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Can Mobile Money Conquer New Markets?

After great success in East Africa, mobile-phone wallet M-Pesa hit some bumps in South Africa.
January 26, 2015

Since its launch in 2007 by mobile-phone giant Vodafone and local partners, M-Pesa has taken East Africa by storm. Today more than 18 million users, most in Kenya and Tanzania, use the mobile-phone wallet to transfer billions of dollars a month. The technology has brought new financial options to places where banks and credit cards are scarce and cash has long been king, promising a faster, cheaper, more secure way to pay for things and send money.

The service enables cell-phone owners to essentially use their mobile device like a bank card. After registering as a user with an M-Pesa agent, a customer can upload money onto the phone. Those funds can then be used for many transactions, from grocery purchases to paying utility bills.

According to the Central Bank of Kenya, the value of M-Pesa transactions in Kenya jumped 30 percent, to $12 billion, in the first six months of 2014 compared with the same period in 2013. In Tanzania, a country half as populous, monthly M-Pesa transactions are valued at $820 million.

Vodacom is betting on M-Pesa’s low cost. Users aren’t charged the monthly account fees they would have to pay a bank, and most services, like cash deposits and electronic transfers from bank accounts, are free.

But despite this remarkable record, M-Pesa has found that moving the technology into a different market can be a challenge. Though the service is now available in 10 countries, more than 100,000 of M-Pesa’s 186,000 authorized agents worldwide are still in Kenya.

For clues to how M-Pesa can find broader acceptance, many are watching its 2014 relaunch in South Africa, where an initial introduction in 2010 fell far below expectations, signing up 100,000 users instead of the 10 million anticipated.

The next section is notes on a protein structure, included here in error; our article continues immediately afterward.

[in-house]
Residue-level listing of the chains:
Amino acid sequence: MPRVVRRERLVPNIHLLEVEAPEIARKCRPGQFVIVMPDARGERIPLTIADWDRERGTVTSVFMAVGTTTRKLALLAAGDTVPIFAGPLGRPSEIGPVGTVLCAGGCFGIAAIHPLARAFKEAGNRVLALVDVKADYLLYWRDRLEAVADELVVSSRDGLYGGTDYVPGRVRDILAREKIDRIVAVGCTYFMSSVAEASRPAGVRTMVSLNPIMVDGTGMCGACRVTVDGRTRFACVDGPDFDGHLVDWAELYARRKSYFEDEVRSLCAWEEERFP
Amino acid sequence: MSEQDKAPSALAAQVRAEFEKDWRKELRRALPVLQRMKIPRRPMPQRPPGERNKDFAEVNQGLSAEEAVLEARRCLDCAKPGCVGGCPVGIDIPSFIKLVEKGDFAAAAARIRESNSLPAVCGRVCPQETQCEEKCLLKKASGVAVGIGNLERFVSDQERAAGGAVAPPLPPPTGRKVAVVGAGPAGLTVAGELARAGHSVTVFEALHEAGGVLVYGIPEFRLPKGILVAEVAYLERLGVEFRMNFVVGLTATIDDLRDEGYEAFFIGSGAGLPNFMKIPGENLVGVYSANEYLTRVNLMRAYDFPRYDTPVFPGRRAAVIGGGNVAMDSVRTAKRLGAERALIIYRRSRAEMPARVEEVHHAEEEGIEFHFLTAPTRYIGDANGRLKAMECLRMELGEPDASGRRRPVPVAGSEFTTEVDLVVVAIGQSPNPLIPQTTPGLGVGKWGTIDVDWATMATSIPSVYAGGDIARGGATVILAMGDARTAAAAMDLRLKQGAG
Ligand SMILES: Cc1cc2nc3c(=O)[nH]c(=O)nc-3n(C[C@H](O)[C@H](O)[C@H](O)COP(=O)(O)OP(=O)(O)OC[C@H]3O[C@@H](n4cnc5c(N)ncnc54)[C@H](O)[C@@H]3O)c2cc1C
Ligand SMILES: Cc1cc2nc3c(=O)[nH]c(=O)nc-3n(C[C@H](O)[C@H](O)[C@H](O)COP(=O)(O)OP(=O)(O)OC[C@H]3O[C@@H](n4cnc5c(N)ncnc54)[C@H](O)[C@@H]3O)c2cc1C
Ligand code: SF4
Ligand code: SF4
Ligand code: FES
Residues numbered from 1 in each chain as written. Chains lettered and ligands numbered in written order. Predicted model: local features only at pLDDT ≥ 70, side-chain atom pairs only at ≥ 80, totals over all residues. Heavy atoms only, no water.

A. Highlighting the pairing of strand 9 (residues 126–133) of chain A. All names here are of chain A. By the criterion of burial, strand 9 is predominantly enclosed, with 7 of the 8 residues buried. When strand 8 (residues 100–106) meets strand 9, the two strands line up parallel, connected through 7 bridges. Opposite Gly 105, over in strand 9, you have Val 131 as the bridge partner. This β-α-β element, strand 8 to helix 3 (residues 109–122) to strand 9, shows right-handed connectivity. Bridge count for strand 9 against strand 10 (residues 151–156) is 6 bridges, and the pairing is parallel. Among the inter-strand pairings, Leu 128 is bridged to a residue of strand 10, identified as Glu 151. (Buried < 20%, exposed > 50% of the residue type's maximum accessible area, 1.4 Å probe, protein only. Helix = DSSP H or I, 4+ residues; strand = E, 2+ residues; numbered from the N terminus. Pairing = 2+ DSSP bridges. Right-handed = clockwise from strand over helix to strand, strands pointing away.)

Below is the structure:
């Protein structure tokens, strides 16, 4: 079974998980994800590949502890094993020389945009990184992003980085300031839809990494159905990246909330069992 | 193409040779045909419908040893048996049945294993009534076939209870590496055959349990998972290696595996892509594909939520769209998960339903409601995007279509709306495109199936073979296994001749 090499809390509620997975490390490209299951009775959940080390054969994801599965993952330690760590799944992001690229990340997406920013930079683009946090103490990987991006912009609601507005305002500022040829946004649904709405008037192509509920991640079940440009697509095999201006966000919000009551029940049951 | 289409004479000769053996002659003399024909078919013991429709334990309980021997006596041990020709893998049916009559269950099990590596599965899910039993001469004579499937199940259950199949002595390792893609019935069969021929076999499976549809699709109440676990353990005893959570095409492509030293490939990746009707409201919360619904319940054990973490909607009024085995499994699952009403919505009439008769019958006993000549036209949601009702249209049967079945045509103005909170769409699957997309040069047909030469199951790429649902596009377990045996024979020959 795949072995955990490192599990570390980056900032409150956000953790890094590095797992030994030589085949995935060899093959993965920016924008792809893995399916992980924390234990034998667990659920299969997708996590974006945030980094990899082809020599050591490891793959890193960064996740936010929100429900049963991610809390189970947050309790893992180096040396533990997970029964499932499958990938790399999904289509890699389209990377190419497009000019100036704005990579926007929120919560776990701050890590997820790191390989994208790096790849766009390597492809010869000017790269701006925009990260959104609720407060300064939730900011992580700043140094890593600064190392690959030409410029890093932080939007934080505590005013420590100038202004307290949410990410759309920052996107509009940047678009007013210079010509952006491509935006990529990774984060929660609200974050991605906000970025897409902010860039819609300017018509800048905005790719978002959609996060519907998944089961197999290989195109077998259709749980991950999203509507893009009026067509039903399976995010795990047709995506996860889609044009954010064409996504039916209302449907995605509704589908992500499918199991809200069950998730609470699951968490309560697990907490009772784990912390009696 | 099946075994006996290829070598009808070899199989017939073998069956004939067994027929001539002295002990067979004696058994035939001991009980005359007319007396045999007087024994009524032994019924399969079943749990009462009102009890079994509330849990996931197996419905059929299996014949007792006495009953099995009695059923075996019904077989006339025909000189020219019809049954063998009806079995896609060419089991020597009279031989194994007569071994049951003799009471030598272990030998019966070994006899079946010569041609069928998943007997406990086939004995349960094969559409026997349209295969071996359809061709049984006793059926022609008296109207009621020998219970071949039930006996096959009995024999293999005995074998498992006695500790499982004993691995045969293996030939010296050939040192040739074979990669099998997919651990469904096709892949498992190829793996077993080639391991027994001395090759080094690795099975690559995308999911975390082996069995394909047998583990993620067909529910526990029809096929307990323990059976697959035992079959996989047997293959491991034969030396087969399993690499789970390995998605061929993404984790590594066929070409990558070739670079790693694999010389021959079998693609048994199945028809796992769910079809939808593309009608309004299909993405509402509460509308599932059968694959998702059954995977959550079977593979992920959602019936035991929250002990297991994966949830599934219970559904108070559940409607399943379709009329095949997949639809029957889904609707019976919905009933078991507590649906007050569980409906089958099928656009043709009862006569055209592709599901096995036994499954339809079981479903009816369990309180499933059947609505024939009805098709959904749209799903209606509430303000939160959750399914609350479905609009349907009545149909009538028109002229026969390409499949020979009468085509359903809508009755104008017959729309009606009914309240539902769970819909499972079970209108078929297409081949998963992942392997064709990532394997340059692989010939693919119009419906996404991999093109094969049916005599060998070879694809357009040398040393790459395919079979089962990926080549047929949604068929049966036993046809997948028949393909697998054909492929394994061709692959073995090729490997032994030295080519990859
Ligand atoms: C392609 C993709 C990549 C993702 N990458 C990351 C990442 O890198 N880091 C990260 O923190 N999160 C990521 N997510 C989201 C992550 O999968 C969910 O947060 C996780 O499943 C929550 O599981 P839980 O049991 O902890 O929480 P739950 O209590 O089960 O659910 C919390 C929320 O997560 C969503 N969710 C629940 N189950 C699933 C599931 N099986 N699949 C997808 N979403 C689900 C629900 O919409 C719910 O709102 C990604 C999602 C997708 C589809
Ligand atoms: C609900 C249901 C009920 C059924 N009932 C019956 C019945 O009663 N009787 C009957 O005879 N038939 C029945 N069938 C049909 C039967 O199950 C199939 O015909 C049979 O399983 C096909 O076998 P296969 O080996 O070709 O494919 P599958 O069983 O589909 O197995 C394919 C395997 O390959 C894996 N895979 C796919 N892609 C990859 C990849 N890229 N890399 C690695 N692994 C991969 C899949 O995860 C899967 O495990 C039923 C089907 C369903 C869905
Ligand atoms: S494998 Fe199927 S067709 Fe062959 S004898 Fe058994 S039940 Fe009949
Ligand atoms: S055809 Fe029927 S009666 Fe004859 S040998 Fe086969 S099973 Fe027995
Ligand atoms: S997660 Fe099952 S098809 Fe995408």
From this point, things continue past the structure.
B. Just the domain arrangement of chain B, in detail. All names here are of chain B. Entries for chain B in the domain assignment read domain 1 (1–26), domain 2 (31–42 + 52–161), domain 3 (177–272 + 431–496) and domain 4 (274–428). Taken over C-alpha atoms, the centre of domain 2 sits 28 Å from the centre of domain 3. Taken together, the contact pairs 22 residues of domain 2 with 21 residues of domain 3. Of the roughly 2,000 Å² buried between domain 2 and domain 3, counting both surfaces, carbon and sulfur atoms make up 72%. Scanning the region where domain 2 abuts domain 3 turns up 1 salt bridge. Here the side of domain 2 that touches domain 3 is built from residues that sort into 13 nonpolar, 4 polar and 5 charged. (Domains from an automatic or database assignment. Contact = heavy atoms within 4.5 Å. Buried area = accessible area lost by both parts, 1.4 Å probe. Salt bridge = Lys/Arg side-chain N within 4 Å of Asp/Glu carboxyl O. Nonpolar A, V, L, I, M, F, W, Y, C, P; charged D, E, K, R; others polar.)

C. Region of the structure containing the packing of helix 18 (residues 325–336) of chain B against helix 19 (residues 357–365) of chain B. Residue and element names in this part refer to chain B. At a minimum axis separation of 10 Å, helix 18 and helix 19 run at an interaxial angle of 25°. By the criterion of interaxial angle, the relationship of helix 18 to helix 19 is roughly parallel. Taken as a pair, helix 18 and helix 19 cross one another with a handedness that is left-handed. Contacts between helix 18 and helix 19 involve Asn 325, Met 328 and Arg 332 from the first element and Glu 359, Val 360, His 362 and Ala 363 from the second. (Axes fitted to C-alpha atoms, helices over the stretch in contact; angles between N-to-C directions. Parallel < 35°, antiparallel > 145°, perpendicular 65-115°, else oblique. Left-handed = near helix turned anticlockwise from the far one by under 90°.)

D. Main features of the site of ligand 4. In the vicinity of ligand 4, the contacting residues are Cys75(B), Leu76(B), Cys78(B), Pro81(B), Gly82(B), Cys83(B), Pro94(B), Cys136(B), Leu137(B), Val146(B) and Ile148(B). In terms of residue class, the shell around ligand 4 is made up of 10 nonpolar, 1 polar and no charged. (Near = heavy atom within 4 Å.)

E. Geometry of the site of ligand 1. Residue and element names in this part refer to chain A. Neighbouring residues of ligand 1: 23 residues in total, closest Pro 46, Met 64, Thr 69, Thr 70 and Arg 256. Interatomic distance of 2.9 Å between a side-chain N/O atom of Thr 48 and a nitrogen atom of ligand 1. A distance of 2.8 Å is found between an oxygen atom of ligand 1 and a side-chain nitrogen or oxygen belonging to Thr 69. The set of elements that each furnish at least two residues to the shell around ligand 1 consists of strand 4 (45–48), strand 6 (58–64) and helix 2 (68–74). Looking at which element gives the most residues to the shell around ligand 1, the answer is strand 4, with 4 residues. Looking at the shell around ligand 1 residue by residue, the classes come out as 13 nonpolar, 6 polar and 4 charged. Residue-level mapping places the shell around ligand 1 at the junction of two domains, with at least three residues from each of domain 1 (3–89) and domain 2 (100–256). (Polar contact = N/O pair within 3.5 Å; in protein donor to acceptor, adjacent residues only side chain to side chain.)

The 2010 version was a “carbon clone” of its Kenyan counterpart, not well suited to South African customers, says Herman Singh, the managing executive for mobile commerce at Vodacom, who is responsible for the South Africa relaunch. (Vodacom is 65 percent owned by Vodafone.) The rollout also suffered because there weren’t enough agents to help customers upload and download.

Now M-Pesa has simplified the registration process for agents and increased their numbers in South Africa from 800 to 8,000. Users can use their mobile wallet at all retailers. And there is now a voucher system similar to the prepaid mobile-phone credit system most South Africans use to pay for cell time.

Vodacom is betting that M-Pesa’s low cost will win over consumers. There are no monthly account fees, and most services, like cash deposits and electronic transfers from bank accounts, are free of charge.

Early results are encouraging. In the first four months following the relaunch, the number of users grew from 100,000 to 650,000, and more transactions have been processed than in M-Pesa’s first four years in the country combined, Singh says.

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